Various international economic data and policy statements show a stronger possibility that the world may move into a recession this year, mostly due to the Russia-Ukraine conflict, and causing oil, gas, and food prices to skyrocket across the globe.
A repeat of the 2009 sub-prime crisis is becoming more of a reality.
The UK and European economic growth are on the brink of negative expansion, namely 0.3 percent and 0.8 percent respectively, during Q1 of 2022. The US economy already recorded negative numbers of 1.5 percent growth for Q1.
The US inflation rate had increased to 8.6 percent from 8.3 percent in April, 2022. The annual inflation rate in the euro area also increased strongly last month to 8.1 percent, up from 7.4 percent the previous month. This is a new record high level.
These inflation fears across the US and Europe caused expectations of sharp increases in interest rates across the world, pushing the world economy into recession.
The European Central Bank’s Christine Lagarde announced on Thursday that the ECB would increase interest rates for the first time in 11 years in July, as inflation has become a major challenge.
It is expected that another sharp increase of 0.5 percent in the Federal Reserve rate by the US Central Bank is on the cards on Wednesday. This will increase the bank rate from 1 percent to 1.5 percent.
In reaction to these inflationary pressures and interest rate increase prospects, the sell-off on equity markets across the globe continues.
On Wall Street, all three main stock indices reached their lowest level for the year and are falling at the same rate as during the 2029 sub-prime crisis. The Jones Industrial Index over the past week lost 4.6 percent and is now down by 13.6 percent for the year. The S&P500 Index lost 5.1 percent and is down by 18.1 percent year-to-date. The main loser on the board remains struggling tech stock, as the Nasdaq is down 5.6 percent for the week and 26 percent lower for the year.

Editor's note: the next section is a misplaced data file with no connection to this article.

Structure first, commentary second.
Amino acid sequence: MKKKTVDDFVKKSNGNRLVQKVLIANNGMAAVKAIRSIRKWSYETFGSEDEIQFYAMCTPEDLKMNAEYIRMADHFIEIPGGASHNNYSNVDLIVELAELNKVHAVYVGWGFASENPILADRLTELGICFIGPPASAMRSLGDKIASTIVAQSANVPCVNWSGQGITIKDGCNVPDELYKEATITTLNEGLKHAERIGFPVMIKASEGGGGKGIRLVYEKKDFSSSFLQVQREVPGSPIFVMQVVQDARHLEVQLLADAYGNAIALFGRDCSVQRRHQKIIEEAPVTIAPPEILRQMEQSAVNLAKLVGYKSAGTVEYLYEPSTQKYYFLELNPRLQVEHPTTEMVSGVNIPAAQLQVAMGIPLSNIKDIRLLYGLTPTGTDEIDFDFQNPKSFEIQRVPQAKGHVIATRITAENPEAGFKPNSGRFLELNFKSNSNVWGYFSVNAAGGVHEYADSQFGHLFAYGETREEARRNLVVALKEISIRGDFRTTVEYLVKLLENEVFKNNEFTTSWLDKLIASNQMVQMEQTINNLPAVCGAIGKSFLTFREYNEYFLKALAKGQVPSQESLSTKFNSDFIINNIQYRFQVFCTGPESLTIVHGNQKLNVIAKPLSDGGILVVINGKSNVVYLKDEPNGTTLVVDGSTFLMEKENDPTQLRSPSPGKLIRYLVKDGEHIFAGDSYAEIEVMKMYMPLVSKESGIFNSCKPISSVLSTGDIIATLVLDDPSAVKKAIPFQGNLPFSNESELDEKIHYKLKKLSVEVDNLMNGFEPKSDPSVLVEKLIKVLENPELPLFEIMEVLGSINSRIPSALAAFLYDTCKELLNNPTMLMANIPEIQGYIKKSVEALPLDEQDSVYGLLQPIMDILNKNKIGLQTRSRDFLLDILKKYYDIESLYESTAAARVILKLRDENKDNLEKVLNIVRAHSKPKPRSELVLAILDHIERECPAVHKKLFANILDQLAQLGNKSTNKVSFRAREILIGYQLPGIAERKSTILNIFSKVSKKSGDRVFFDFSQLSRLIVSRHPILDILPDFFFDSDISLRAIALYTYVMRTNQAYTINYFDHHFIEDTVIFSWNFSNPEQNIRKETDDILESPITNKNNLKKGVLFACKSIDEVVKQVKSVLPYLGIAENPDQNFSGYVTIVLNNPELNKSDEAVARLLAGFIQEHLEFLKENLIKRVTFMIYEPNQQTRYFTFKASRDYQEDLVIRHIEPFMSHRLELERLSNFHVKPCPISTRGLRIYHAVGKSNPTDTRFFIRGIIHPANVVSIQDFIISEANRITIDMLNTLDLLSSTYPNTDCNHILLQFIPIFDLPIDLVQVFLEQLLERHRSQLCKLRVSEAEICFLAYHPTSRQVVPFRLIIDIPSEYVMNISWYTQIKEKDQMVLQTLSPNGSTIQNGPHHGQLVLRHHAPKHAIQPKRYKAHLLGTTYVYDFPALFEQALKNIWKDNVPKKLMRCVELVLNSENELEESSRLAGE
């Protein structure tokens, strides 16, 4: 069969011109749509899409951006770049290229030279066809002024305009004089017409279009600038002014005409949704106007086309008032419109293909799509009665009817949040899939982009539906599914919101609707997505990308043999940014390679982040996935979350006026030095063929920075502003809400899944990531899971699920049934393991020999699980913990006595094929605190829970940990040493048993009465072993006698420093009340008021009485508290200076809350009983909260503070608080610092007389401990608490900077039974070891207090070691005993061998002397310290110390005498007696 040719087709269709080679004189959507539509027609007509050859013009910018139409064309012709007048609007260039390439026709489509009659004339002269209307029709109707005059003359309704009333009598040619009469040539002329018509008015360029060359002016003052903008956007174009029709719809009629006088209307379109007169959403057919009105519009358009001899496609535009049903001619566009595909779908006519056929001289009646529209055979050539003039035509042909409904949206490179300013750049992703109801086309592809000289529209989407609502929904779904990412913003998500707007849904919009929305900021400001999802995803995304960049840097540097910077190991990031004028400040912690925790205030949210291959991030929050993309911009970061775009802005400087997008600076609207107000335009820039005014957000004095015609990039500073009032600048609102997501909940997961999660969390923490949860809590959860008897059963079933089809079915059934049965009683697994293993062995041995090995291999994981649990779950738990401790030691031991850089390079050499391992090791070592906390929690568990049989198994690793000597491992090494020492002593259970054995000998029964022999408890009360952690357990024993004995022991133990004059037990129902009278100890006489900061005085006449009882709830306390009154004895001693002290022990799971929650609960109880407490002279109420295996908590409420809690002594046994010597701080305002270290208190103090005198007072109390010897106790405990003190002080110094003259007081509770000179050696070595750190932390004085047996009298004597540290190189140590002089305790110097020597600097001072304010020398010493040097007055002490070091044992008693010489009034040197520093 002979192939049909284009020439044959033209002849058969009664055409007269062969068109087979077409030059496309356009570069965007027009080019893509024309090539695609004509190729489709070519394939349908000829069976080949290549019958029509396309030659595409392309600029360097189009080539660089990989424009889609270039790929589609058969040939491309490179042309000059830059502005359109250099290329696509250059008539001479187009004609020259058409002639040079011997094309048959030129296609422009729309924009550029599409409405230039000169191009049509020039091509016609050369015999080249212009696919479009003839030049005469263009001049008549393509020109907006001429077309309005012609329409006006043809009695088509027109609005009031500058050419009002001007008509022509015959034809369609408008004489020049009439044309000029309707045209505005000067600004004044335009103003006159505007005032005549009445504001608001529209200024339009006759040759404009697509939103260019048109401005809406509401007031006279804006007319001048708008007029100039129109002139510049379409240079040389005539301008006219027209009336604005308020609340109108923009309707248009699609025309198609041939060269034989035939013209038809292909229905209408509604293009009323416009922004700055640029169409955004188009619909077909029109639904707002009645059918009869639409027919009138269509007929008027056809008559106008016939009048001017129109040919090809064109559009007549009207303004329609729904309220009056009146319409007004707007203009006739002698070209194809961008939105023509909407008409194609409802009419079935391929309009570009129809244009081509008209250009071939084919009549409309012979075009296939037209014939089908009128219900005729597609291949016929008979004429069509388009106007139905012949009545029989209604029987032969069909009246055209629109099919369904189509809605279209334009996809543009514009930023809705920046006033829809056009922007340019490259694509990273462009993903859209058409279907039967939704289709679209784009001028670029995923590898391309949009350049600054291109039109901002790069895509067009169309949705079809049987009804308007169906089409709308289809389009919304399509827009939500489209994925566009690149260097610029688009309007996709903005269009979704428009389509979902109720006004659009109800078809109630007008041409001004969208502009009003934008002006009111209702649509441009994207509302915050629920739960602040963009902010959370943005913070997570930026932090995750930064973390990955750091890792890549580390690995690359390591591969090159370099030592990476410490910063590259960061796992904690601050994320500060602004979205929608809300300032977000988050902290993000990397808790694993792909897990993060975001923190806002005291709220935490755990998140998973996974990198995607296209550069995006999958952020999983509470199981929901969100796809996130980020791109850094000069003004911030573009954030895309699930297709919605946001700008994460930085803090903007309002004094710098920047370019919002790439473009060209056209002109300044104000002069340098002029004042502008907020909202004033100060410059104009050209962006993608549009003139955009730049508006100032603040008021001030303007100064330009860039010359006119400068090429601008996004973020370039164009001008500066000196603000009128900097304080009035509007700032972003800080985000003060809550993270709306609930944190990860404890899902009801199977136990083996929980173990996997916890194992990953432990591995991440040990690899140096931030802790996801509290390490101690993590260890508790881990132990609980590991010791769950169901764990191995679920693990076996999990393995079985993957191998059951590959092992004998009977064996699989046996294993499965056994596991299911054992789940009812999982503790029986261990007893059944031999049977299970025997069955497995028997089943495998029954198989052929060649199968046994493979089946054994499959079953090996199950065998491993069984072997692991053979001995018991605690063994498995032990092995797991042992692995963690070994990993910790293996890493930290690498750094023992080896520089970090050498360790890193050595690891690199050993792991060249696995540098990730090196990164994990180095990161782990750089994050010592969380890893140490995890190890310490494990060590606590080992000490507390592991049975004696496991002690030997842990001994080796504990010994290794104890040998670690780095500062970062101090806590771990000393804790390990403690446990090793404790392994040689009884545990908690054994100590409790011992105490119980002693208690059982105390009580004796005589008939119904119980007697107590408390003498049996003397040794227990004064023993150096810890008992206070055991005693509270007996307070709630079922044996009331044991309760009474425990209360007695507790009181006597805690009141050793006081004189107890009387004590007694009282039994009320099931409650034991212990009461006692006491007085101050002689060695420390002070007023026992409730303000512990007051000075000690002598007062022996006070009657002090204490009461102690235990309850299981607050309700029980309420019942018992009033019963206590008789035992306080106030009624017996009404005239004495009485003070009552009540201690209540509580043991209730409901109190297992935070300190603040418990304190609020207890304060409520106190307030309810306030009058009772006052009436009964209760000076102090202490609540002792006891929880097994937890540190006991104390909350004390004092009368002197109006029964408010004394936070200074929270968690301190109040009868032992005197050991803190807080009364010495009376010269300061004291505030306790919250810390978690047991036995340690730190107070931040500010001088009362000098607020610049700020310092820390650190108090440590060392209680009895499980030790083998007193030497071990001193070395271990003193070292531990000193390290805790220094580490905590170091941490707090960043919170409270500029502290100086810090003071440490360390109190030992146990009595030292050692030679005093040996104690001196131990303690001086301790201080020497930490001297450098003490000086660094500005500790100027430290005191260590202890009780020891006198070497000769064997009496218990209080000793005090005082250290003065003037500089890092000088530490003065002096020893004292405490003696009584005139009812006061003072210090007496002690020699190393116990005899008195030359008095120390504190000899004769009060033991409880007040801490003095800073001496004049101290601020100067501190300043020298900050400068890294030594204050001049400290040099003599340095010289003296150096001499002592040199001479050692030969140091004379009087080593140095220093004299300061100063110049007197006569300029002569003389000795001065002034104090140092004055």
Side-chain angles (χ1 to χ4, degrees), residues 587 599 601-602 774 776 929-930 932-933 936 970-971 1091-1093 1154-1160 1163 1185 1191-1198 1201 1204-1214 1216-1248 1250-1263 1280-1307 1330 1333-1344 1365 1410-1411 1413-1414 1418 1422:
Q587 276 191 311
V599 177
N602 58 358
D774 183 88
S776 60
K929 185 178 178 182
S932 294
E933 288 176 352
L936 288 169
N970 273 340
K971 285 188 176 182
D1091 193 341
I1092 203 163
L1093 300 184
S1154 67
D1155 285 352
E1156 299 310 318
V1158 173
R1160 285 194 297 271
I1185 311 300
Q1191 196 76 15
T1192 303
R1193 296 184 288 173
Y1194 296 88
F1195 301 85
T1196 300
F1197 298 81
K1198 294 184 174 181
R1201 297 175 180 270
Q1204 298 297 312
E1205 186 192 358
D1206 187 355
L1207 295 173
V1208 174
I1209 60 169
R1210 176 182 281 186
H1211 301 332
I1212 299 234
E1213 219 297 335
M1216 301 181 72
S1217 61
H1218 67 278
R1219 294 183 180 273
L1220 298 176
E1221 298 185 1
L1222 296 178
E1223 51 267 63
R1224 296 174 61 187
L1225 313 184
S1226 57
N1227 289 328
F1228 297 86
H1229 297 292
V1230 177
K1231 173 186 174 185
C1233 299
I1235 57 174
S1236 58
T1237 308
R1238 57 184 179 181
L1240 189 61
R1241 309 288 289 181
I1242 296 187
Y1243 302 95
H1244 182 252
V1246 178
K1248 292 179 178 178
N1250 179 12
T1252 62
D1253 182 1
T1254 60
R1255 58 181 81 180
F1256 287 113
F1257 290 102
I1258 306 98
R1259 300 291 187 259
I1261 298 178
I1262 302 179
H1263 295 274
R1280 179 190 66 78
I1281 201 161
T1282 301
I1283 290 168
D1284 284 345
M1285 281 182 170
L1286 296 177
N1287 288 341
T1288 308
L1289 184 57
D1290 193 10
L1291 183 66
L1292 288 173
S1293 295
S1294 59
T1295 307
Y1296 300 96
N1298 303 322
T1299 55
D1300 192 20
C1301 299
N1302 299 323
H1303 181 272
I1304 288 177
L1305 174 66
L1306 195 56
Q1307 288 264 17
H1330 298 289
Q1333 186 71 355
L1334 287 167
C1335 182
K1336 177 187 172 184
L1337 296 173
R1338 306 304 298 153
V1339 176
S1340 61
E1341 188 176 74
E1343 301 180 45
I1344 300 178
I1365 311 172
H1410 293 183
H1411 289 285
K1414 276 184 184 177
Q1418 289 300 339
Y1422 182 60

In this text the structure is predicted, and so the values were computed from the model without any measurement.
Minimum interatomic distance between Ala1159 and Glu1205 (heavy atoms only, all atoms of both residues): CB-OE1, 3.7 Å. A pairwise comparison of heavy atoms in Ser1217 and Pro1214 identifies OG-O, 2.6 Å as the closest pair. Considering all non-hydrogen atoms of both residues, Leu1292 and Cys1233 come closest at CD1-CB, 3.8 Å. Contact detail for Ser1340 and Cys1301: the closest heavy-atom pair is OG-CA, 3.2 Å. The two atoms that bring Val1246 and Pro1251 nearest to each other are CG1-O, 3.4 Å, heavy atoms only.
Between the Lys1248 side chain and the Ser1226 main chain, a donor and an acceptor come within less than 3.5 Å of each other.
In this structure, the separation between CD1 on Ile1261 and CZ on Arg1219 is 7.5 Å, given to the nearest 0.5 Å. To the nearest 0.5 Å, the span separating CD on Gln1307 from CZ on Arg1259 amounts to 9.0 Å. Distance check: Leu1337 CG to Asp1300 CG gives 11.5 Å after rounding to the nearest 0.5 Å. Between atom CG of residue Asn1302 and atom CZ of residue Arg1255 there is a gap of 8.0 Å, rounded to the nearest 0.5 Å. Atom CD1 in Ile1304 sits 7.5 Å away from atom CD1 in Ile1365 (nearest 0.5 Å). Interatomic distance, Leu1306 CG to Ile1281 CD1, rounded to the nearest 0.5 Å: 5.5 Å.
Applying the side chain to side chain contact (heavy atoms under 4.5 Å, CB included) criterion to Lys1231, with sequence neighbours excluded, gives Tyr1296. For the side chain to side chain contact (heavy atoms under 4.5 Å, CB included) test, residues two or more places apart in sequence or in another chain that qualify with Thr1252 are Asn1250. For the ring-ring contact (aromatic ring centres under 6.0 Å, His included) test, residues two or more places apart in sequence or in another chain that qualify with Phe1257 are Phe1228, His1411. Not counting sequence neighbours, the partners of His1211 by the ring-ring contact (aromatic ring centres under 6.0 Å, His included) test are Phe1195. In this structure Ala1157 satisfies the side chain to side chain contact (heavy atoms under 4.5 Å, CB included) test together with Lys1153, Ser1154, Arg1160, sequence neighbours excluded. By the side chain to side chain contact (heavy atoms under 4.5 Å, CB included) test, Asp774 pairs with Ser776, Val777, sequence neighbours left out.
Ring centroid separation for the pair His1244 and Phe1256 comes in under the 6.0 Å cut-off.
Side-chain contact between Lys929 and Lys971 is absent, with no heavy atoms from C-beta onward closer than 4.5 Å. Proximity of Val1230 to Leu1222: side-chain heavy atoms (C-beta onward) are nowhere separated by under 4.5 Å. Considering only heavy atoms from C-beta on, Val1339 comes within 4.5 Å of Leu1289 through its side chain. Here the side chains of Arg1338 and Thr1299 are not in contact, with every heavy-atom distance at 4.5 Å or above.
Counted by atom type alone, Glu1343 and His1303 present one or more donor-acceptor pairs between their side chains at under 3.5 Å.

Despite the better-than-expected economic growth rate of 1.9 percent recorded in South Africa during the first quarter of the year, expectations of a sharp decline in economic activity during the rest of the year have led to negative perceptions of risky assets (equities and bonds) on the JSE.
The shocking news from Statistics SA that mining production slumped by 14.9 percent and manufacturing production by 7.8 percent in April, indicates that due to the floods in KwaZulu-Natal, the economy had already started to shrink.
On the JSE, equities were sold as risk investors stayed out of the market. The ALSI had its second-worst week this year, contracting by 4.4 percent, and is now 8.8 percent lower for the year. The Industrial 25 index lost 2.8 percent, while the financial shares had been hit the most as the FIN15 Index was down by nearly 7 percent.
The news on the negative trend of production in the country, and expectations of sharp increases in interest rates in Europe and the US weighted strongly on the rand/dollar exchange rate.
The currency lost more than 60 cents during the week from a strong R15.26 to the dollar to R15.87 at the close on Friday.
The weaker rand and continuing increase in the oil price (Brent oil closed Friday at $123 per barrel) already indicates that South Africans are due to pay more than R2.08 per litre more for petrol and R1.10 more for diesel at the beginning of July. The 75c a litre subsidy from the government will help only partially.
This week investors and analysts are set to turn their attention to the publishing of South Africa’s retail sales figures for April 2022. It is expected that sales to the public had increased by 1.5 percent in April, against 1.3 percent year-on-year the previous month.
On global markets, attention will shift towards the interest rate decision by the Federal Reserve (FOMC) of the US on Wednesday. The FOMC will also publish its economic projections on Wednesday. The release of the US retail sales for May will also be important, as it is expected that it had increased only marginally by 0.2 percent (year-on-year). The Bank of England (BoE) is to announce its interest rate decision on Thursday.
Author: Chris Harmse is an economist at CH Economics and lecturer at the School of Commerce at Stadio University.